… So Basically I’m GONNA LIVE FOREVER!


Green Tea from Costco … my favorite brand

Compelled to Change by Negative Triggers

About four months ago I caught a nasty 24 hour virus.  The only thing unique about this virus was the timing of when the symptoms appeared.  I had my morning coffee and THEN became sick.

Now you have to understand that I’ve been drinking coffee for twenty-four years.  After years of going to school and working I found that I was a 4-cup a day, coffee drinking addict.  I add that last part because frankly, my son reminds me that caffeine is a drug every chance he gets.  (Darn, those assigned research papers on drugs in 9th grade! Could I have known he’d take this information to his grave?)  I always get out of bed before my kids.  In part, the result that MY alarm clock (Chloe, hearing assistance dog) does not have a “snooze button”.  When it’s time to get up she… well, makes sure I’m UP! I normally hit the “on” button as I walk past the coffee maker.  Alternating between French Vanilla, and Hazelnut sugar-free creamers, meant my coffee was my favorite part of the day. I will admit that the fact I had some quiet time to myself during this morning period, also contributed to it being the favorite part of my day.

Nothing spoils “a favorite” like a virus.  When a stomach virus’s symptoms hit after having only consumed your morning coffee, little else “reappears” other than that coffee! I won’t go into all the gory details, but suffice it to say that I can no longer even SMELL coffee. Being married to a psychologist, I’m assuming I’m experiencing psychosomatic symptoms.  The reality is I may simply have a very good memory. All I know is that I can no longer drink coffee.

But when one is addicted to caffeine, (repeated for the benefit of my 18-year-old son who continues to remind me about common, over-the-counter and legal stimulants), one can’t just ditch the coffee and survive. Yes, I realize I might should have taken this opportunity to “kick the habit” once and for all.  Frankly, I love curling up with a hot cup of “something” first thing in the morning!  Desperate to find a quick and painless alternative “source”, I turned to green tea.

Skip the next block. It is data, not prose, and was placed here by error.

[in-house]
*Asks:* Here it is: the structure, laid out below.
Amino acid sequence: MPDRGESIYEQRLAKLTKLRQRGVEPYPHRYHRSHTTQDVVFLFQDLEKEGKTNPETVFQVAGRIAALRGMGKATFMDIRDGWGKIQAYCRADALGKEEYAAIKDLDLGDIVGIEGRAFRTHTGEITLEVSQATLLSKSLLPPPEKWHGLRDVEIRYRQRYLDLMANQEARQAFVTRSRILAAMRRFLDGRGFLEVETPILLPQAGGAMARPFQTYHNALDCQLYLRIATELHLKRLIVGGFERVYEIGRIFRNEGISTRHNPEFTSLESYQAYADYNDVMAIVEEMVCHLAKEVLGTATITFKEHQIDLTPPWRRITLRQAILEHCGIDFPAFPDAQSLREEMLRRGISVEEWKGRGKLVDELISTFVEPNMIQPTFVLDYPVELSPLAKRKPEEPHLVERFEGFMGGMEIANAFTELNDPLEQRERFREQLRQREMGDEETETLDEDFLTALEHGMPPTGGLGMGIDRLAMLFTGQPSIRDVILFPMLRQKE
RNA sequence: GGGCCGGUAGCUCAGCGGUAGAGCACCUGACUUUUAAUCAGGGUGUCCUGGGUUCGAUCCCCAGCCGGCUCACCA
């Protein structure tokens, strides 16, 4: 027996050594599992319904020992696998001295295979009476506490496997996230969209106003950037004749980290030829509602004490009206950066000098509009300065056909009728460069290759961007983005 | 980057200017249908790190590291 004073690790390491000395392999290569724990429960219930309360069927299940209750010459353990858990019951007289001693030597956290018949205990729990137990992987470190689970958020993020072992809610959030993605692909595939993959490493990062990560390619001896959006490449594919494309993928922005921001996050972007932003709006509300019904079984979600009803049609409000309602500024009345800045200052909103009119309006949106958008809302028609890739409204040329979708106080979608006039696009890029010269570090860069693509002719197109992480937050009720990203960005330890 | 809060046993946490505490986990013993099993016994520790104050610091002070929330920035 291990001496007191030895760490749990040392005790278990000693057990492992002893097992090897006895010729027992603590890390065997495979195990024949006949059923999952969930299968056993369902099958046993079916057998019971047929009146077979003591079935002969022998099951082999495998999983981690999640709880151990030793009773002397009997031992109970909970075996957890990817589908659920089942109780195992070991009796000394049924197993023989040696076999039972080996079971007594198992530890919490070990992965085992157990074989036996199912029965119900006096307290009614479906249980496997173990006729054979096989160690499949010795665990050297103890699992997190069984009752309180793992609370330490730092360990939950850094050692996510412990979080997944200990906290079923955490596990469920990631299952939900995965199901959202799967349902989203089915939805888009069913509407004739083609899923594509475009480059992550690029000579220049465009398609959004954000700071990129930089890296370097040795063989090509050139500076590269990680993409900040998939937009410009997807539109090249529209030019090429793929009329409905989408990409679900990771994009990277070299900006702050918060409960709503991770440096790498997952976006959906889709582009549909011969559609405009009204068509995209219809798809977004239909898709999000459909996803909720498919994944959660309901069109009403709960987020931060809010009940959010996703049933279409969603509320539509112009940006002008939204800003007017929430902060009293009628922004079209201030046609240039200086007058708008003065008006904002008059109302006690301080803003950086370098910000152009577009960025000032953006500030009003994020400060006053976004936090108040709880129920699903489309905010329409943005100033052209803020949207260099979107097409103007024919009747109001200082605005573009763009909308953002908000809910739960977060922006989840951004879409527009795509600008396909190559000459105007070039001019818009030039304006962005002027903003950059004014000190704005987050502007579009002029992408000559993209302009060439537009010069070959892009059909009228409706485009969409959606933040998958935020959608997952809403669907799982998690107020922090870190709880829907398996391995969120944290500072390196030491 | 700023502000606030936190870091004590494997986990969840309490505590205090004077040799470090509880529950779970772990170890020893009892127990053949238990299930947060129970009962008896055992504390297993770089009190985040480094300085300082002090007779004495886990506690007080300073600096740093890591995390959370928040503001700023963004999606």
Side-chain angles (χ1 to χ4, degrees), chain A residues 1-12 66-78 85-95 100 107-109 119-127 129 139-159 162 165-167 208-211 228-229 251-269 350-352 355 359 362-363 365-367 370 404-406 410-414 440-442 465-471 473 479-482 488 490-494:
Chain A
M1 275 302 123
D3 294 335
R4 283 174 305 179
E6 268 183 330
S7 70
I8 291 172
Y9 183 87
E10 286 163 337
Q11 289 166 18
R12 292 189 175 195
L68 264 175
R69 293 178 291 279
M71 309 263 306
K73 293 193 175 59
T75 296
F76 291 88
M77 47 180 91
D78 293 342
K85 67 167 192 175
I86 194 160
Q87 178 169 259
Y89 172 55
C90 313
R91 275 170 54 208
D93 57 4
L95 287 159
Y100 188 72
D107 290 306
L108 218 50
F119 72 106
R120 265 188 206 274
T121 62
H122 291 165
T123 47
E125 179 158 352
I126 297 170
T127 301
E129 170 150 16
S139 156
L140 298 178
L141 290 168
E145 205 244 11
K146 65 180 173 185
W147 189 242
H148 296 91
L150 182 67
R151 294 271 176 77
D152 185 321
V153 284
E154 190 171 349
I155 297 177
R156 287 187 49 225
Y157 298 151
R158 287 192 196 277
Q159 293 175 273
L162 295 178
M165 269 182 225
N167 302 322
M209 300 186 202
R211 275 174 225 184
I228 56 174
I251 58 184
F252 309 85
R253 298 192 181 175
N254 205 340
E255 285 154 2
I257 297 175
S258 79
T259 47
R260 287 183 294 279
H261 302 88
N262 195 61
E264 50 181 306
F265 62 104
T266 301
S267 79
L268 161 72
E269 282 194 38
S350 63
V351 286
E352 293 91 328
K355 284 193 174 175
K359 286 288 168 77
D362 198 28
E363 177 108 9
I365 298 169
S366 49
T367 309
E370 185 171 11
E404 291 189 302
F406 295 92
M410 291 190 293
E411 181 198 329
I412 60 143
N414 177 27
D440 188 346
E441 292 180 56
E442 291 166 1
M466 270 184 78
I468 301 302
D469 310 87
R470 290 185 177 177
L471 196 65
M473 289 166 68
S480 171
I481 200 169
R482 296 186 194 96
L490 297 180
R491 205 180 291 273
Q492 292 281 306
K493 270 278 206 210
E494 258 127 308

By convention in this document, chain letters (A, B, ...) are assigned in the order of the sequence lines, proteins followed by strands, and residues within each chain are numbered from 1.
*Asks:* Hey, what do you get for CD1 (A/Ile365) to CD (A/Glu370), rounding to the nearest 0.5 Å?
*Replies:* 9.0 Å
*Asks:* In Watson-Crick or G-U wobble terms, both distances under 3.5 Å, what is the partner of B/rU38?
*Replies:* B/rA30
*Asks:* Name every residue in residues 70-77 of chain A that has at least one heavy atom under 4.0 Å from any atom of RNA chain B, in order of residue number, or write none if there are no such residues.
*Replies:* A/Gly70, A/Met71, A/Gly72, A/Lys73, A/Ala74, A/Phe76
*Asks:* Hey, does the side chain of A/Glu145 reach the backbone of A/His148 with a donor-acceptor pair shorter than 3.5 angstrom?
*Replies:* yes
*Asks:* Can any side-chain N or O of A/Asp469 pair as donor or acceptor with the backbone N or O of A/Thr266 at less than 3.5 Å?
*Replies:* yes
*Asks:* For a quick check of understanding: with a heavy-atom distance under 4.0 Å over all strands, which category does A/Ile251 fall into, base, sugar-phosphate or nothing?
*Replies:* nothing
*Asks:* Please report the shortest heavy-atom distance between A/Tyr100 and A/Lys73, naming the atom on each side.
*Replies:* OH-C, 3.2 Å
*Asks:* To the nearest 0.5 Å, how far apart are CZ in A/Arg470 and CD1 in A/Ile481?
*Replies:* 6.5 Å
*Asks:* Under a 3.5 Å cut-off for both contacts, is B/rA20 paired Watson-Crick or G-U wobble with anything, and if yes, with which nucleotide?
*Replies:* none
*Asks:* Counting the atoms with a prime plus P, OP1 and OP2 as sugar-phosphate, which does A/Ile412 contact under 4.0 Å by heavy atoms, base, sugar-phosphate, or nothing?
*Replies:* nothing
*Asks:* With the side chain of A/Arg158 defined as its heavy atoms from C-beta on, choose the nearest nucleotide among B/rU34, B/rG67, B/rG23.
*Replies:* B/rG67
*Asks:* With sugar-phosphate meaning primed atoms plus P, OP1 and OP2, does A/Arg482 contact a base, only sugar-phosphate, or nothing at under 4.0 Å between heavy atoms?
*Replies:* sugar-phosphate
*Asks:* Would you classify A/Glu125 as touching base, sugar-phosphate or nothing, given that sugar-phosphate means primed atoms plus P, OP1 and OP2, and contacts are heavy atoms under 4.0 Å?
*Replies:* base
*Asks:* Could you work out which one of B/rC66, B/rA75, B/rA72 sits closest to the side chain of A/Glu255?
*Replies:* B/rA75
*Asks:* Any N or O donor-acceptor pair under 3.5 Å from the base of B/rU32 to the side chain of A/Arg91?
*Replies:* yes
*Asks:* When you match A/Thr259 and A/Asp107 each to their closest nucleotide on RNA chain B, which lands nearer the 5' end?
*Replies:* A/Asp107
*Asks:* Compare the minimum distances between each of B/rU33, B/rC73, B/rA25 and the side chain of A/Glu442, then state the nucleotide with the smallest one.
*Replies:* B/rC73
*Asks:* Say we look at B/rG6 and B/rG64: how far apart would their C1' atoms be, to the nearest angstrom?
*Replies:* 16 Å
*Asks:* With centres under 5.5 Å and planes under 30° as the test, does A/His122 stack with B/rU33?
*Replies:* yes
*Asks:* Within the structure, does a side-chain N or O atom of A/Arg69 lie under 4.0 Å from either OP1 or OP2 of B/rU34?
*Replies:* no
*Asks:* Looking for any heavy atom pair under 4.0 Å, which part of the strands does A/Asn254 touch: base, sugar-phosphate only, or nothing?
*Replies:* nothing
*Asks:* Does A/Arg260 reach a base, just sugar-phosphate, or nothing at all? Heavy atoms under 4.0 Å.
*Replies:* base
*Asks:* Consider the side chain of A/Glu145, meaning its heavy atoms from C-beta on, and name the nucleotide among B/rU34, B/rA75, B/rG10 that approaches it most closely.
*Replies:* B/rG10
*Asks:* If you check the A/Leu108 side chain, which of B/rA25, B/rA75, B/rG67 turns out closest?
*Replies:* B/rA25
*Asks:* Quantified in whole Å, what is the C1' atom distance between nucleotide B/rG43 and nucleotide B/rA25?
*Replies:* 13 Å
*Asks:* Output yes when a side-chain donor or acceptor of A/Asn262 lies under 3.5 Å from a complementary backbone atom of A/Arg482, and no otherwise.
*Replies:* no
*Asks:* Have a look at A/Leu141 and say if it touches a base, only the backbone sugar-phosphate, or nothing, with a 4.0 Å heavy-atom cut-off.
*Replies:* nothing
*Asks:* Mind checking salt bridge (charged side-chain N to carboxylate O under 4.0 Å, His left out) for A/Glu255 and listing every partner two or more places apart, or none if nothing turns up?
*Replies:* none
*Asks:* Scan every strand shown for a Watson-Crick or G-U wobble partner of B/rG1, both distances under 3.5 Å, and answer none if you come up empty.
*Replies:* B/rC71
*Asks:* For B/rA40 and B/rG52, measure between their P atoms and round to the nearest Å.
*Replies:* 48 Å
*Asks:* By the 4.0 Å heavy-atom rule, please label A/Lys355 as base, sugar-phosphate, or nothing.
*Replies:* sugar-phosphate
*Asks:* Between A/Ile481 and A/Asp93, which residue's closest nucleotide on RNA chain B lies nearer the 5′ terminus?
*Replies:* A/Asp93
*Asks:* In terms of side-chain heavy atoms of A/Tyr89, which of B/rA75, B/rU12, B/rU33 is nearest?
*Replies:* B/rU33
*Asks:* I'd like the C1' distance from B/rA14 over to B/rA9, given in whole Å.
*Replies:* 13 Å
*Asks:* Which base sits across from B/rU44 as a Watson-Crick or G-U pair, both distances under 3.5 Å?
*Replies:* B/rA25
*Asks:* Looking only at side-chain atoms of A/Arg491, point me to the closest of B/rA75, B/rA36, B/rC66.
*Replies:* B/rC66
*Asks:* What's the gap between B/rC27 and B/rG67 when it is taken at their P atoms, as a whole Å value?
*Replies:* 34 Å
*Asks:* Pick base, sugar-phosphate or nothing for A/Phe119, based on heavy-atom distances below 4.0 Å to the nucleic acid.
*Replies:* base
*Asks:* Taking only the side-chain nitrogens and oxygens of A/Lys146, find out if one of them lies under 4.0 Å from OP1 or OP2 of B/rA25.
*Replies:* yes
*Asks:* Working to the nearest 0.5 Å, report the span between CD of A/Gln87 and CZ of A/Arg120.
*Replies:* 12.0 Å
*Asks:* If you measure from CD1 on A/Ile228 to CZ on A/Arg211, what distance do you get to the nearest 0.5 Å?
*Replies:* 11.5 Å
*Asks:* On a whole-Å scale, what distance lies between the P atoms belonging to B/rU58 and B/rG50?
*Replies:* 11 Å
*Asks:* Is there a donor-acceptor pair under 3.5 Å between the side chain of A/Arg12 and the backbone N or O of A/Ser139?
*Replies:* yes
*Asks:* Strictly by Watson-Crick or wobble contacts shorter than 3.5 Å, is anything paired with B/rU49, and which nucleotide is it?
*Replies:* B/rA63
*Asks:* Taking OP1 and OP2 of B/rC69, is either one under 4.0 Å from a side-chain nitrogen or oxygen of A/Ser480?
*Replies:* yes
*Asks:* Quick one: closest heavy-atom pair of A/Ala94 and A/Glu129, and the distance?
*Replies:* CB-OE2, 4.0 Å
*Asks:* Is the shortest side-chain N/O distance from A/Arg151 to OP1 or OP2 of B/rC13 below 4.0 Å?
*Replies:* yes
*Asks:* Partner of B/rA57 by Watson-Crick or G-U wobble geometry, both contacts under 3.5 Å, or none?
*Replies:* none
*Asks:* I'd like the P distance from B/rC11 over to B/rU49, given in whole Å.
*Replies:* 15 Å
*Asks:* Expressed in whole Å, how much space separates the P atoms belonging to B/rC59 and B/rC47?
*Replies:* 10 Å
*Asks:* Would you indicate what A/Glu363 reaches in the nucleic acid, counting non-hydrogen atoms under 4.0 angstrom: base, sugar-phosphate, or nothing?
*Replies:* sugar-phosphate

Change Can Lead to Discovery

I love the fact that someone MY age can discover something new.  Discovery?  I love green tea.  In fact, I drink green tea most of the day.  After consuming approximately 4 cups of regular green tea, I drink decaf green tea the remainder of the day.  In the four months I’ve been a tea drinker, I tried numerous brands and actually love them all.  I do have a favorite, however, thanks to the Christmas gift of one of my students who happened to stick a few tea bags of Kirkland signature ITO EN into her “goodie basket”.  (Thanks Sarahann!)

I received February 2009 Ladies Home Journal in the mail over the weekend. Saturday evening while trying to find something new to read before going to bed, I decided to curl up with the magazine (and a cup of decaf green tea of course!).  The article, “The Healing Power of Tea” caught my eye.  I learned that ANY kind of tea has health benefits, but green tea seems especially potent in protecting against some of even the deadliest diseases.

According to the article written by Paula Dranov, “… scientists are finding that drinking tea may keep your heart healthy, protect you from cancer, boost your body’s ability to fight off germs, strengthen your bones, prevent cavities and sharpen your concentration”.  Evidently it lowers your LDL (“bad”) cholesterol as well as lowers the risk of plaque build-up in the arteries.  It may lower the risk of a variety of deadly cancers, and boosts immunity to ward of bacteria and viruses… you know, the kind that make you throw-up your morning coffee!  L-theanine  seems to heighten concentration, and another antioxidant found in tea may stave off Alzheimer’s and Parkinson’s! Tea even strengthens bones, and prevents cavities as it contains fluoride.

Now that I’m a tea drinker?  Well, basically I’m GONNA LIVE FOREVER!

Good can come from even nasty viruses.

Compelled to Change by Negative Triggers – Part 2

Change can occur by design, but for me it is often because I’m forced to do so. Does that make me stubborn? (Hmm, scratching head and pondering that). I think I’m just a creature of habit.  When change occurs in my life, it is usually because circumstances forced me to adapt.